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Filed under Books, Creativity, education, Language Arts, Nonfiction reading, Reading

What a Journey

So I finished another book recently and I am sorry for not posting my review sooner.  But it was a lot to take in and the book was impressive to say the least.  I begin with…

A very big congratulations to JJ Abrams and Doug Dorst for their literary contribution.  S. was a an amazing book, actually two amazing books.  If you are bibliophile and they you must read this.  Because not only is the story well rounded and engrossing, it also touches on many feeling that only a true book lover will understand.

The story or stories center around a fictional writer named Straka, who is a mystery.  He true identity is one that is debated over, with claims being made and debunked.  The authors back story is almost a rich as the rest of the work, and could by all accounts be considered a novella of sorts since though never truly given as much page space as the other two stories, still provides a great tale of a writers life.

The next story the you embark on is the story of The Ship of Theseus.  The last book to have been written by fictional Straka, it tells the tale of a man S. who does not remember his past, does not know where his future lies, but faces a journey that entwines him with a ghostly ship, a charismatic woman, and a dastardly deed that he himself is not sure he can succeed in.

The final story follows the Eric and Jen, two lovers of the written word and obsessed with Straka.  Eric is a disgraced grad student, Jen a senior at the same college who stumbles across Eric’s copy of The Ship of Theseus and while reading it, notices his margin notes.  Not wanting to be rude, she wrote her own note and the two begin a blossoming relationship with communication taking place along the margins of the book.   While their lives begin to mirror those of Straka and S. the two young lovers set out to uncover the true identity of Straka. Along with the margin notes, stuffed with in pages are newspaper clippings,  letters, pictures and postcards, all moving the story(ies) along.

This was an intense read but a good one all the same.  I highly recommend it this to anyone. But take some advice.

1) read book first

2) read pencil, blue and black margin notes

3) read orange and green margin notes

4) read red and purple margin notes

5) read black and black margin notes

You might go through this several times but it is worth it.

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Who’s that on the radio?

Ok time for me to do some bragging.   If you are a fan of NPR (National Public Radio)  you might have heard of a little show called Ask Me Another.  This is a game show that features trivia, word games, puzzles and what-not for pop culture.  I am very excited to say that I will be a part of that show.  I will be tapping an episode on March 18.  So excited for this.  I am a huge pop culture trivia nerd (my husband thinks I am insane sometimes) but who cares! I’m gonna be on the radio.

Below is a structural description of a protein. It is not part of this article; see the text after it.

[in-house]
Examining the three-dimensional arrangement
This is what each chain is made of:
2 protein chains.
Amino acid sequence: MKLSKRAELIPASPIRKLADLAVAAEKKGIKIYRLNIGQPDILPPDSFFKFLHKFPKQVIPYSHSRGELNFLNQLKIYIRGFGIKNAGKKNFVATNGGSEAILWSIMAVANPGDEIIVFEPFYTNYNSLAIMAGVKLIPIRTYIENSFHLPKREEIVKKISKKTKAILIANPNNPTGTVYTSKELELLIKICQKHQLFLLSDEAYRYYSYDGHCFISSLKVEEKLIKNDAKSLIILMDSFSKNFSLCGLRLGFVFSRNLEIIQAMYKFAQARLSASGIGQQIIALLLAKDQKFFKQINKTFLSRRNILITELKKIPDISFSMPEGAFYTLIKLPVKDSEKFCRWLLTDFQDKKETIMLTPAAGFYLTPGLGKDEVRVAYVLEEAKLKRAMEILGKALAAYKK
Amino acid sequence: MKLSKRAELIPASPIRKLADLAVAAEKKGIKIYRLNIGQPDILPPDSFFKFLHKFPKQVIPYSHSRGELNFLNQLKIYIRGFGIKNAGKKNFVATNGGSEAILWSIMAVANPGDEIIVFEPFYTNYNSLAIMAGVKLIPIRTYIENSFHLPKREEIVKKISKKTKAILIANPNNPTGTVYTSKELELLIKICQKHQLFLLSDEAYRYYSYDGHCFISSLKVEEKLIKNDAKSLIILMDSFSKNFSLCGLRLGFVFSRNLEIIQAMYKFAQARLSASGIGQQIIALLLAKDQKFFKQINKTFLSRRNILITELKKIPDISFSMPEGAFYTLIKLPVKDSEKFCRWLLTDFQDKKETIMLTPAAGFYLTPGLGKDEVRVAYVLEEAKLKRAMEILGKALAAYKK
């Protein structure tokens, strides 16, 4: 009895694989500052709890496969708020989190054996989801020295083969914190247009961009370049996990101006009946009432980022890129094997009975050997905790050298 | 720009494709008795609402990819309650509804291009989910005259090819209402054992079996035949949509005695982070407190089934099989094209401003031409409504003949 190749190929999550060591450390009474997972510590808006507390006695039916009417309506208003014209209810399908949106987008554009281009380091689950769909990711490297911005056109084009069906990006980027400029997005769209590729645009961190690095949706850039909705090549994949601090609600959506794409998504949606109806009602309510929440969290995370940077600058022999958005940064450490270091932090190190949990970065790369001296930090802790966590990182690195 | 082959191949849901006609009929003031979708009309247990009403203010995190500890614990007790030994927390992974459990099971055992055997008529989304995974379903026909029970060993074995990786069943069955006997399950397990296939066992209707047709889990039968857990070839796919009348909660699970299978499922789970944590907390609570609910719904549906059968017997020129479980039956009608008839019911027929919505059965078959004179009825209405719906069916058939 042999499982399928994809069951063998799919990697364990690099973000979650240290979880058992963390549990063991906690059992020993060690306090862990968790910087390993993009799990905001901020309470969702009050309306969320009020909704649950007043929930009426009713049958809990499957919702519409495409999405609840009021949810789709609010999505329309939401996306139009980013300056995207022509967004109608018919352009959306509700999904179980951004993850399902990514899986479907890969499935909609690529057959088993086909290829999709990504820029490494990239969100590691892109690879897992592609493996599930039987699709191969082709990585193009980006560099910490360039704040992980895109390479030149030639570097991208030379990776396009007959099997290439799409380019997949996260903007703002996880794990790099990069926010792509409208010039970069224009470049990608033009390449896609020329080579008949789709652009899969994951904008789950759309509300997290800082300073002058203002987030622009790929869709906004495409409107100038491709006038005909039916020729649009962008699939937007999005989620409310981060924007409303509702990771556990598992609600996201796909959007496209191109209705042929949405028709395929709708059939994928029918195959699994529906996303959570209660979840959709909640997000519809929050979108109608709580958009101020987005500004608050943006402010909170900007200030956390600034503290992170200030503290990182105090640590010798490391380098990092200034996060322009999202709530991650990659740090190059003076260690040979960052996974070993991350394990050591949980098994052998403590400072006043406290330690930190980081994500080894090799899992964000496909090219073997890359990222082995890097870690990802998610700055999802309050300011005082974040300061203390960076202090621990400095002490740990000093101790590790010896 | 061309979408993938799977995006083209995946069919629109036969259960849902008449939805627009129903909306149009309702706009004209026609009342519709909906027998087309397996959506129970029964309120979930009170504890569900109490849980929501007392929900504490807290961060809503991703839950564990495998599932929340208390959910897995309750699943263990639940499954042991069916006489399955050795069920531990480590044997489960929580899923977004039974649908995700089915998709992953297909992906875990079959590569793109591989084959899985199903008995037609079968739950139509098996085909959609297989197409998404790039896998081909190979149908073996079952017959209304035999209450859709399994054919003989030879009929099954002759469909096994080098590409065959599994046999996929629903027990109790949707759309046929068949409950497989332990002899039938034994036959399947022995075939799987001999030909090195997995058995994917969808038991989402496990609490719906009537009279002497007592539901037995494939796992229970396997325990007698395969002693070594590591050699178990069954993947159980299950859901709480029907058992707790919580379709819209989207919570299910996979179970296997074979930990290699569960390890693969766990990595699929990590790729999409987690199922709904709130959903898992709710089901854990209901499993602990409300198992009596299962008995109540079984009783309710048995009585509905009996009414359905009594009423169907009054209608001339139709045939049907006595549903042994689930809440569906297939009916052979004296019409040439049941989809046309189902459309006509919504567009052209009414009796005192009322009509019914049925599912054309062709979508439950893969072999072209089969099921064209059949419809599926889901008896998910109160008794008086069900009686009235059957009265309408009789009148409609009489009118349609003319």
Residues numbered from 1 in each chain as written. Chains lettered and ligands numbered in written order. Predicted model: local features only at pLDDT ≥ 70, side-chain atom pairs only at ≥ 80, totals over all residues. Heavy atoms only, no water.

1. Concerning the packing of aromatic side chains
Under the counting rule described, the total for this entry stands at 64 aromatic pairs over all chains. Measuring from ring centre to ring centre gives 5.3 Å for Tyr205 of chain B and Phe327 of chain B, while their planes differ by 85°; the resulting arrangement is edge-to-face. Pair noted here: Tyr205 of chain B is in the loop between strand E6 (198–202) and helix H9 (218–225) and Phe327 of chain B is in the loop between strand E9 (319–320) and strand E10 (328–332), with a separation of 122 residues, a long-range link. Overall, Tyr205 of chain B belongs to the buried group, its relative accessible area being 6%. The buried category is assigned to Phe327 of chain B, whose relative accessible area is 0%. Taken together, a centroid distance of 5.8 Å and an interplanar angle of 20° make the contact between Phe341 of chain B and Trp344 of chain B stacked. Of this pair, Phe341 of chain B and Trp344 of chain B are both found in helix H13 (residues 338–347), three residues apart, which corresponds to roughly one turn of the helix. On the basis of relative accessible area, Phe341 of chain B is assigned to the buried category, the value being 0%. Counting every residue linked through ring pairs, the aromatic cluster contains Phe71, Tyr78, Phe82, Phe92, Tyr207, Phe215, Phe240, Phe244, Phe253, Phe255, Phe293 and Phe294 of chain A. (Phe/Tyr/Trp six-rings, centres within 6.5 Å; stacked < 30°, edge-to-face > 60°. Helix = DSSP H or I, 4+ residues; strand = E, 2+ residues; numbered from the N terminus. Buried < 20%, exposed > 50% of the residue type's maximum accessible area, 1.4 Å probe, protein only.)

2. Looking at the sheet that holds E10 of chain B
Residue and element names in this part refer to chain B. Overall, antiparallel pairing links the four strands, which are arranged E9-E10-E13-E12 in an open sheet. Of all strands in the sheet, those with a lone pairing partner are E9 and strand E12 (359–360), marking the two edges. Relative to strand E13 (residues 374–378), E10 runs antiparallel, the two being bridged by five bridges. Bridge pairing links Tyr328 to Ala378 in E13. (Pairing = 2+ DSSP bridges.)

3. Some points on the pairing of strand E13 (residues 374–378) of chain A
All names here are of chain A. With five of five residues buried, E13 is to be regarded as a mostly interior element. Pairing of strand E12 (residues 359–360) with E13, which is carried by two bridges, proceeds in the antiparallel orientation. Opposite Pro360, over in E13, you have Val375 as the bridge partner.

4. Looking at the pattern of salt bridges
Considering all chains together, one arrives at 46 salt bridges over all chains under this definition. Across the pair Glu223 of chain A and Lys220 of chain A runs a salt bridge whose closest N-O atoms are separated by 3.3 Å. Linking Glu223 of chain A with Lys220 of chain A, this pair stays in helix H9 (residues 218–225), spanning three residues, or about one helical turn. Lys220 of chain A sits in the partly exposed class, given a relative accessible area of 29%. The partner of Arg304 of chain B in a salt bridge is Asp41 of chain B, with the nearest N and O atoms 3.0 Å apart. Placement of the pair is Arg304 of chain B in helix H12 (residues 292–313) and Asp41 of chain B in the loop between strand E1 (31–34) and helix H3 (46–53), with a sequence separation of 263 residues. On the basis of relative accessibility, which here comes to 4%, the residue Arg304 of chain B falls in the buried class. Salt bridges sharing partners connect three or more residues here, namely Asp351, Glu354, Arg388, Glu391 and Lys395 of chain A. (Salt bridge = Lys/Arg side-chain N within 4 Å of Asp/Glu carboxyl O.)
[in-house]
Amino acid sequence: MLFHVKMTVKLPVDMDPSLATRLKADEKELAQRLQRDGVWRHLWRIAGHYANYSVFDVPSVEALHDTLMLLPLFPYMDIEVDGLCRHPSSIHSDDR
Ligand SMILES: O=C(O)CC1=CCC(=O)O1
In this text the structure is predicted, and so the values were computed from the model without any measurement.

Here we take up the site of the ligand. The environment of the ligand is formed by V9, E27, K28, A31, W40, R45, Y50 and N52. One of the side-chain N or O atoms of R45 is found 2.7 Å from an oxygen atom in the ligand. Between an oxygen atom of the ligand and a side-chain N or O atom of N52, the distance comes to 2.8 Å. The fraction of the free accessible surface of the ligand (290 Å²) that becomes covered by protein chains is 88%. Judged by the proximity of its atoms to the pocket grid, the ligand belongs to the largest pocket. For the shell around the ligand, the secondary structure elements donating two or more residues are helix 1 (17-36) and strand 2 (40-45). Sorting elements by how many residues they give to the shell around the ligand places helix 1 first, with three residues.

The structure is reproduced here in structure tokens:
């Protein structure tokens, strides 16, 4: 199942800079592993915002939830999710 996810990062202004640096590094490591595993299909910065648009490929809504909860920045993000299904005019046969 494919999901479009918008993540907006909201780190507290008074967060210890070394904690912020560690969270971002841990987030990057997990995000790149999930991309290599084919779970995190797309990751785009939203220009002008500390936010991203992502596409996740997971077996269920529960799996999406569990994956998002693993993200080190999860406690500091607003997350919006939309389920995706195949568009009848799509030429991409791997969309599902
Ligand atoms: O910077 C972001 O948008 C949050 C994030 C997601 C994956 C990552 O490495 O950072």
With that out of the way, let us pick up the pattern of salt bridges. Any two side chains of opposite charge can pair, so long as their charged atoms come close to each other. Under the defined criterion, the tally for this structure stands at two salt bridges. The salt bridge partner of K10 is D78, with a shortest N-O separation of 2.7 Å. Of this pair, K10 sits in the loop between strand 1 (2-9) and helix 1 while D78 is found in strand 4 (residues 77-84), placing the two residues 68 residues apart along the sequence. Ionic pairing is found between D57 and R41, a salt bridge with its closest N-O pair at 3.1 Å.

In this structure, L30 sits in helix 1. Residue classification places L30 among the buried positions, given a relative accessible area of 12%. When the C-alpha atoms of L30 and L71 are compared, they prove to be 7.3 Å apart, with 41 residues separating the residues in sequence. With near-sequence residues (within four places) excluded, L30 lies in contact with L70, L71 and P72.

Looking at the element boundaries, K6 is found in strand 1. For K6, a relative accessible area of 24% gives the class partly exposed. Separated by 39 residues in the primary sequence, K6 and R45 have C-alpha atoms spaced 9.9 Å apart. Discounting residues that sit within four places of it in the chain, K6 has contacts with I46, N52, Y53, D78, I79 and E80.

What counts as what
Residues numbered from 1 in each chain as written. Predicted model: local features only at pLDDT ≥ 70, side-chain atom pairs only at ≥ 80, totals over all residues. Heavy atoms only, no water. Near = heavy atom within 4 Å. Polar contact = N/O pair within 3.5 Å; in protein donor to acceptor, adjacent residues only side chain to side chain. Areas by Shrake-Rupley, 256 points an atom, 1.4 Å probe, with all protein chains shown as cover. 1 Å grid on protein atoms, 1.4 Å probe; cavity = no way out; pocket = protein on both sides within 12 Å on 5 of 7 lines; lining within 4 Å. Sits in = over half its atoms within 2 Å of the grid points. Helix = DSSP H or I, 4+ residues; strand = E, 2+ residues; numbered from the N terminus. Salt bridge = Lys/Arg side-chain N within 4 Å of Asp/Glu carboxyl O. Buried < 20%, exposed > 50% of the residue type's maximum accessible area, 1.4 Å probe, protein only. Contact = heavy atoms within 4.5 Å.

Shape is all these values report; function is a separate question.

Wish me luck!!!

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Happy 50th

I am an avid reader of Entertainment Weekly and was happy to see one of my favorite books I read as a child get a full page treatment in the Feb. 28 issue.  Harriet the Spy by Louise Fitzhugh was one of my all time favorite books  as a kid because it featured a strong female lead who enjoys to write and who EW writer Hilary Busis describes as “a jerk–but a smart, perceptive, lovable jerk, one who’s wholly relatable whether you’re 11 or several times that age.”  This is the perfect definition for a character who has withstood the last 50 years in the literary world, and who in my opinion paved the way for characters like Katniss Everdeen, Tris Prior, and Hazel Lancaster.  These are characters that don’t apologize for being strong willed and fierce.

So as a sit here an fangirl out over the classic tale, I realized that the story was getting this special treatment because it was turning 50.  I could not believe it that a book I loved so much was so old, I don’t say that to sound mean, what I mean is the characters don’t seem to age in my mind. They are still totally relatable to young readers today.  And as a librarian I am thrilled with this. My students always ask me for recommendations and I give them the classics as much as I give them new ones.

But Harriet is not the only literary character turning 50.  Check out some of the other future AARP members:

Bread and Jame for Frances  by Russel Hoben

Charlie and the Chocolate Factory by Roald Dahl

Chitty Chitty Bang Bang by Ian Fleming

Flat Stanley by Jeff Brown

The Giving Tree by Shel Silverstein

Happy 50th to these classic stories and memorable characters.